The headteacher's vision of shared leadership has engendered a strong commitment and drive to raise standards and improve outcomes for pupils. This fosters a common sense of purpose, a clear focus on developing teachers' skills and is improving learning opportunities for all pupils. The leadership team's monitoring of the school's work is effective in identifying strengths and weaknesses and school development planning is comprehensive and focused. Core subject leaders closely track the impact of teaching on pupils' learning and plans are now in place for all subject leaders to receive training in the monitoring of their individual subjects. Effective steps have been taken to address the inadequate provision and standards in ICT identified at the last inspection. Governors play a key role in improving the accommodation and in managing the budget. They recognise that they do not yet have robust and systematic methods to monitor the work of the school to help them act as a critical friend to the school's leadership.
|Any complaints about the inspection or the report should be made following the procedures set out in the guidance 'Complaining about inspections', which is available from Ofsted's website: ofsted.gov.uk.|
|Key to judgements: grade 1 is outstanding, grade 2 good, grade 3 satisfactory, and grade 4 inadequate.||School Overall|
|How effective,efficient and inclusive is the provision of education,integrated care and any extended services in meeting the needs of learners?||2|
|Effective steps have been taken to promote improvement since the last inspection||Yes|
|How well does the school work in partnership with others to promote learners' well-being?||2|
|The capacity to make any necessary improvements||2|
|How effective is the provision in meeting the needs of children in the EYFS?||2|
|How well do children in the EYFS achieve?||2|
|How good is the overall personal development and well-being of the children?||2|
|How effectively are children in the EYFS helped to learn and develop?||2|
|How effectively is the welfare of children in the EYFS promoted?||2|
|How effectively is provision in the EYFS led and managed?||2|
|How well do learners achieve?||2|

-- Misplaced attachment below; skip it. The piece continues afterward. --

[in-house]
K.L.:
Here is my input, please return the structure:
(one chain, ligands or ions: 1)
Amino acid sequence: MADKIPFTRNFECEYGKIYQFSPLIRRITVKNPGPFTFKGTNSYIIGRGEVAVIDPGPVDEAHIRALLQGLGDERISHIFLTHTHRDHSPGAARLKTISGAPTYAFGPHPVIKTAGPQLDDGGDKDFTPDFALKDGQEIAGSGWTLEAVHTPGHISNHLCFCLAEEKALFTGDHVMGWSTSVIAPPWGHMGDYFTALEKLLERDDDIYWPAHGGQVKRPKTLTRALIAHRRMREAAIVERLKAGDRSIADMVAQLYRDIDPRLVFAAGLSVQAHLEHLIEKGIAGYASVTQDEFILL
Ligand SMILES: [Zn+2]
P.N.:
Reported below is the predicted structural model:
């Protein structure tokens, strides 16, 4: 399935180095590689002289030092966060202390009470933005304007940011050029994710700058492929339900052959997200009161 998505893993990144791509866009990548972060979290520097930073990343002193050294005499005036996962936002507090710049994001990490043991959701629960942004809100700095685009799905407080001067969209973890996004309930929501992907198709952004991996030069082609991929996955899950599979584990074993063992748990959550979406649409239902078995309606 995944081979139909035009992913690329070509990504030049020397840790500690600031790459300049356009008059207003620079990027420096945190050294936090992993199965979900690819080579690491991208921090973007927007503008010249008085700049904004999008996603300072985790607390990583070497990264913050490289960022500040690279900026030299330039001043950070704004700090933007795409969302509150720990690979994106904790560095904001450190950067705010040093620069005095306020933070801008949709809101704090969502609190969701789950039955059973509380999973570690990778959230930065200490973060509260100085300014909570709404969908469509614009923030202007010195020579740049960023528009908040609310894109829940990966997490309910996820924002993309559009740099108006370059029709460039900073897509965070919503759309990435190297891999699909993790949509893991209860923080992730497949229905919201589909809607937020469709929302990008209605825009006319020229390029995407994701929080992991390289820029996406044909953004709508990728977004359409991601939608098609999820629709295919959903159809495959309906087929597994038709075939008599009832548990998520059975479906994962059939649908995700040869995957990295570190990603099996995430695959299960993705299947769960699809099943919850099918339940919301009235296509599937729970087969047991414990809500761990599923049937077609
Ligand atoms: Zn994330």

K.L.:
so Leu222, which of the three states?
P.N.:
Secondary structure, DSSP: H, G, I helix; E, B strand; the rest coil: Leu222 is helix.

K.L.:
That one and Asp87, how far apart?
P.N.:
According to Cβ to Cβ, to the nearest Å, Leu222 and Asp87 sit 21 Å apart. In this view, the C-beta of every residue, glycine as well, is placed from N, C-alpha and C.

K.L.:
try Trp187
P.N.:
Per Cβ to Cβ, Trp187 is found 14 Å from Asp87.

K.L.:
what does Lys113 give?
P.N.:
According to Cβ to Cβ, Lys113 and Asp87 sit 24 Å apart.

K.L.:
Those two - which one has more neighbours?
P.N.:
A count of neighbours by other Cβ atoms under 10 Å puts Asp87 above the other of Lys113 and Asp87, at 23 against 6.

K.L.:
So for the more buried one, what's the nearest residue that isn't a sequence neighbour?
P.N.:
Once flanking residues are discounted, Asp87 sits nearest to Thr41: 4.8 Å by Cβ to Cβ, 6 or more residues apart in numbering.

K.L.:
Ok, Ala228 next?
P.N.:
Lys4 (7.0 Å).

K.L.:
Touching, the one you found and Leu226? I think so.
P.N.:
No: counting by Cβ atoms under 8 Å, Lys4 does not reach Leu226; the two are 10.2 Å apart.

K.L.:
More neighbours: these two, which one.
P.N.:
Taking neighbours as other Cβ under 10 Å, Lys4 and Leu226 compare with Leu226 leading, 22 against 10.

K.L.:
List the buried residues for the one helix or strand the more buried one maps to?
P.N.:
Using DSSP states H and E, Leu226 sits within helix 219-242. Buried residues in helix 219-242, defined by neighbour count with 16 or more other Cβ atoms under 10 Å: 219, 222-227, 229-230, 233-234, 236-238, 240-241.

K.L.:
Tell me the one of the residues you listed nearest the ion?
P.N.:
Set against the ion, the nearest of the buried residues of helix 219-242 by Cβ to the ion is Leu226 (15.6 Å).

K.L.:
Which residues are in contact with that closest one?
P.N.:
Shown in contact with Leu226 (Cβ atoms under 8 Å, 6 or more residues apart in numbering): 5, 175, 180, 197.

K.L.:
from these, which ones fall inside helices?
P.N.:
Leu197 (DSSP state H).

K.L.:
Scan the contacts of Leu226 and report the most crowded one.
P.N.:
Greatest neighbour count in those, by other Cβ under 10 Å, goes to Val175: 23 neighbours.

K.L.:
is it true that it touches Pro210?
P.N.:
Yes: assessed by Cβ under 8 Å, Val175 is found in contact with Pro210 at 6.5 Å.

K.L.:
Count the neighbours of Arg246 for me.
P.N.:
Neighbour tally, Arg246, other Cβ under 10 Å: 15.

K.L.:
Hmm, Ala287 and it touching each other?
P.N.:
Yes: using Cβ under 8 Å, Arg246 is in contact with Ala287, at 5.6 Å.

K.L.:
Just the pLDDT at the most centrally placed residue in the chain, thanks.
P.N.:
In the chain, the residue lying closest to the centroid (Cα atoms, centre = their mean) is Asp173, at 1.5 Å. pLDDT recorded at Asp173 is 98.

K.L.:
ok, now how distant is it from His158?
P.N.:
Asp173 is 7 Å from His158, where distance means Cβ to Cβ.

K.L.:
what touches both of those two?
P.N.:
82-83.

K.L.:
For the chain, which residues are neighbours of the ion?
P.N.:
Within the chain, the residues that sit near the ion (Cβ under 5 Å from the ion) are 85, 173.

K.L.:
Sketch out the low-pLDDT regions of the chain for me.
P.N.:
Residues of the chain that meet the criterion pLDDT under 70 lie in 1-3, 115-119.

|The standards¹ reached by learners||3|
|How well learners make progress, taking account of any significant variations between groups of learners||2|
|How well learners with learning difficulties and/or disabilities make progress||2|
|How good are the overall personal development and well-being of the learners?||2|
|The extent of learners' spiritual, moral, social and cultural development||2|
|The extent to which learners adopt healthy lifestyles||1|
|The extent to which learners adopt safe practices||2|
|The extent to which learners enjoy their education||2|
|The attendance of learners||3|
|The behaviour of learners||2|
|The extent to which learners make a positive contribution to the community||2|
|How well learners develop workplace and other skills that will contribute to their future economic well-being||2|
|How effective are teaching and learning in meeting the full range of learners' needs?||2|
|How well do the curriculum and other activities meet the range of needs and interests of learners?||2|
|How well are learners cared for, guided and supported?||3|
|How effective are leadership and management in raising achievement and supporting all learners?||2|
|How effectively leaders and managers at all levels set clear direction leading to improvement and promote high quality of care and education||2|
|How effectively leaders and managers use challenging targets to raise standards||2|
|The effectiveness of the school's self-evaluation||2|
|How well equality of opportunity is promoted and discrimination eliminated||2|
|How well does the school contribute to community cohesion?||2|
|How effectively and efficiently resources, including staff, are deployed to achieve value for money||2|
|The extent to which governors and other supervisory boards discharge their responsibilities||3|
|Do procedures for safeguarding learners meet current government requirements?||Yes|
|Does this school require special measures?||No|
|Does this school require a notice to improve?||No|
03 November 2008
Inspection of Gallions Mount Primary School,London,SE18 1JR
You will remember that, recently, I and two other inspectors, spent two days observing you and the staff at work. We greatly appreciated the warm welcome extended to us by everyone and valued your helpful comments about your school and your education. This letter briefly explains our findings.
Gallions Mount is a good school that is well respected by parents and pupils alike. In particular, things that impressed us include:
We have asked your headteacher, staff and governors to improve your school even more by:
We ask you to continue to work hard and carry on playing your part in helping the staff and governors to make Gallions Mount a school of which you can continue to be justly proud.